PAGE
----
I couldn’t resist including this image. It seems to me that the Zombie trope could represent resistance to the space of flows and a need for self-reliance and self-containment, so this meme really speaks to the idea of separating breastfeeding from the space of flows of the medical establishment and infant-feeing industries.

Works Cited

Boyer, Kate. “Of care and commodities: breast milk and the new politics of mobile biosubstances.” Progress in human geography 34.1 (2010): 5-20.

Koerber, Amy. “Rhetorical agency, resistance, and the disciplinary rhetorics of breastfeeding.” Technical Communication Quarterly 15.1 (2006): 87-101.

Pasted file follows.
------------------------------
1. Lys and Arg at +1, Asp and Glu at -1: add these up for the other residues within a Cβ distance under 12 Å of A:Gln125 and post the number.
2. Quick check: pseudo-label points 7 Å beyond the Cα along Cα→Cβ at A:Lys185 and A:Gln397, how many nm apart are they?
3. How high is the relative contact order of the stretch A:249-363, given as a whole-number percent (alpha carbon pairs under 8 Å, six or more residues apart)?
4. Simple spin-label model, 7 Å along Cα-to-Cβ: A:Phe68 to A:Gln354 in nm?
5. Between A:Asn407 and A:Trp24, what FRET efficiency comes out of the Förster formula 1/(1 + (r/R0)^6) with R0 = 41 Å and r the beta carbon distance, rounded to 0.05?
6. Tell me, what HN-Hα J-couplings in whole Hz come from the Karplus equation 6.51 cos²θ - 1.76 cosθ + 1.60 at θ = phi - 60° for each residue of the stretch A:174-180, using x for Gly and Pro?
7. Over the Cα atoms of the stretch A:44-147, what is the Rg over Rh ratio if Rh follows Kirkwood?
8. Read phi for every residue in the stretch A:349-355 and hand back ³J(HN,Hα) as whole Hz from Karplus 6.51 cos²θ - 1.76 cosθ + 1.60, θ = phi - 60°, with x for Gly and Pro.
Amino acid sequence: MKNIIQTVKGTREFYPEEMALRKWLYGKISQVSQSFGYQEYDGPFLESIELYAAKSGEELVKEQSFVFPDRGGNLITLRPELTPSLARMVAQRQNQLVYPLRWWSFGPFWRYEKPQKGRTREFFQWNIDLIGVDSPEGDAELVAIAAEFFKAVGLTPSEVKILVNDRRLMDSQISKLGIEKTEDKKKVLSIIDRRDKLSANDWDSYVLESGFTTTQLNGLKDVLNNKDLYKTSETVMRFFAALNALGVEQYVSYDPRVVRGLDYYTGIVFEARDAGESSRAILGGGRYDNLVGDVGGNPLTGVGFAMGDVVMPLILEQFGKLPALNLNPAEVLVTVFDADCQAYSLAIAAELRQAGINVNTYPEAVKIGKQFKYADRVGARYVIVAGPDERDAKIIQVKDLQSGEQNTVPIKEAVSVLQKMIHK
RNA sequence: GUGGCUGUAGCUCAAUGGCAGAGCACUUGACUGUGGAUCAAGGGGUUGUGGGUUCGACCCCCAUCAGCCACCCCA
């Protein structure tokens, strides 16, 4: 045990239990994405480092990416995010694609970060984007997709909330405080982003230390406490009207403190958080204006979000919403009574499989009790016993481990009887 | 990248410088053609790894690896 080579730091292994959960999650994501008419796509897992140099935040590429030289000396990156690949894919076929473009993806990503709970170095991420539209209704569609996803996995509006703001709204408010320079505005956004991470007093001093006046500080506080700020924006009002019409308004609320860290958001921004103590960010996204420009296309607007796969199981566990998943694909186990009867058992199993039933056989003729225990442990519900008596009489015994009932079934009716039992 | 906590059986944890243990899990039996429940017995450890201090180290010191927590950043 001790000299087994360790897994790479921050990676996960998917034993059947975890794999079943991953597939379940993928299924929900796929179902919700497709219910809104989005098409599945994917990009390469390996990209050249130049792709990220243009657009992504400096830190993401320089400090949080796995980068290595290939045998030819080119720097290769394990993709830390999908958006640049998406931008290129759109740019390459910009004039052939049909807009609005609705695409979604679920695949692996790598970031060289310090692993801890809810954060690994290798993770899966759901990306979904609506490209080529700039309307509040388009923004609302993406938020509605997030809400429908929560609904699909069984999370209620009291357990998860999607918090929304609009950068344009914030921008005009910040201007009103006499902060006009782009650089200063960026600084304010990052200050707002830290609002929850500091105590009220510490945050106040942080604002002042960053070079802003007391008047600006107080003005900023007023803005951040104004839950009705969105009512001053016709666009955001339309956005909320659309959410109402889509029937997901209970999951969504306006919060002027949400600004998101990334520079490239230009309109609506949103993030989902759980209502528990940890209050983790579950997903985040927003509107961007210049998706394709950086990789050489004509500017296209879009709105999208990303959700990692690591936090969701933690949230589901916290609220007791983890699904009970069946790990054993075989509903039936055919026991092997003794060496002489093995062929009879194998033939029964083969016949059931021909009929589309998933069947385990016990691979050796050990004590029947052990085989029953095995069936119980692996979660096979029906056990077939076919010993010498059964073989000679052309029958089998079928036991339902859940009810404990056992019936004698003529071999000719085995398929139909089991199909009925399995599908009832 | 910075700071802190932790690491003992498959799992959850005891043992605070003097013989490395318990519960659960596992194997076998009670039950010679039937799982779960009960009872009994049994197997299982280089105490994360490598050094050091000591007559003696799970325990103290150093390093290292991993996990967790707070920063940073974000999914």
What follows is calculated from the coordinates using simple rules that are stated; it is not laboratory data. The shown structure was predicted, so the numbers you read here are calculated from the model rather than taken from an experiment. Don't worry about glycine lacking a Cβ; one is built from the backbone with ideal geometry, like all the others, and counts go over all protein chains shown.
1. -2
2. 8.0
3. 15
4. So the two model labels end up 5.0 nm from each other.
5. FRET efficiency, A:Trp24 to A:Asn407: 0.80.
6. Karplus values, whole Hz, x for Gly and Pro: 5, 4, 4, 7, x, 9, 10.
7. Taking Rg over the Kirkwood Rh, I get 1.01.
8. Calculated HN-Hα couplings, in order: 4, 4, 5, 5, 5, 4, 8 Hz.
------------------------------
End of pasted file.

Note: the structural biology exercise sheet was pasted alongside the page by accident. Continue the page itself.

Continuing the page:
Torres, Jennifer. “Medicalizing to demedicalize: Lactation consultants and the (de) medicalization of breastfeeding.” Social Science & Medicine 100 (2014): 159-166.

Manual Castells Reading Notes

Castells, Manuel. The Rise Of The Network Society. 2nd ed.Oxford; Malden, MA: Blackwell Publishers, 2010.


Manuel Catells, author of The Rise of the Network Society

Manuel Catells, author of The Rise of the Network Society

Since I took notes on the text during Week 1, I am continuing notes here.

Chapter 1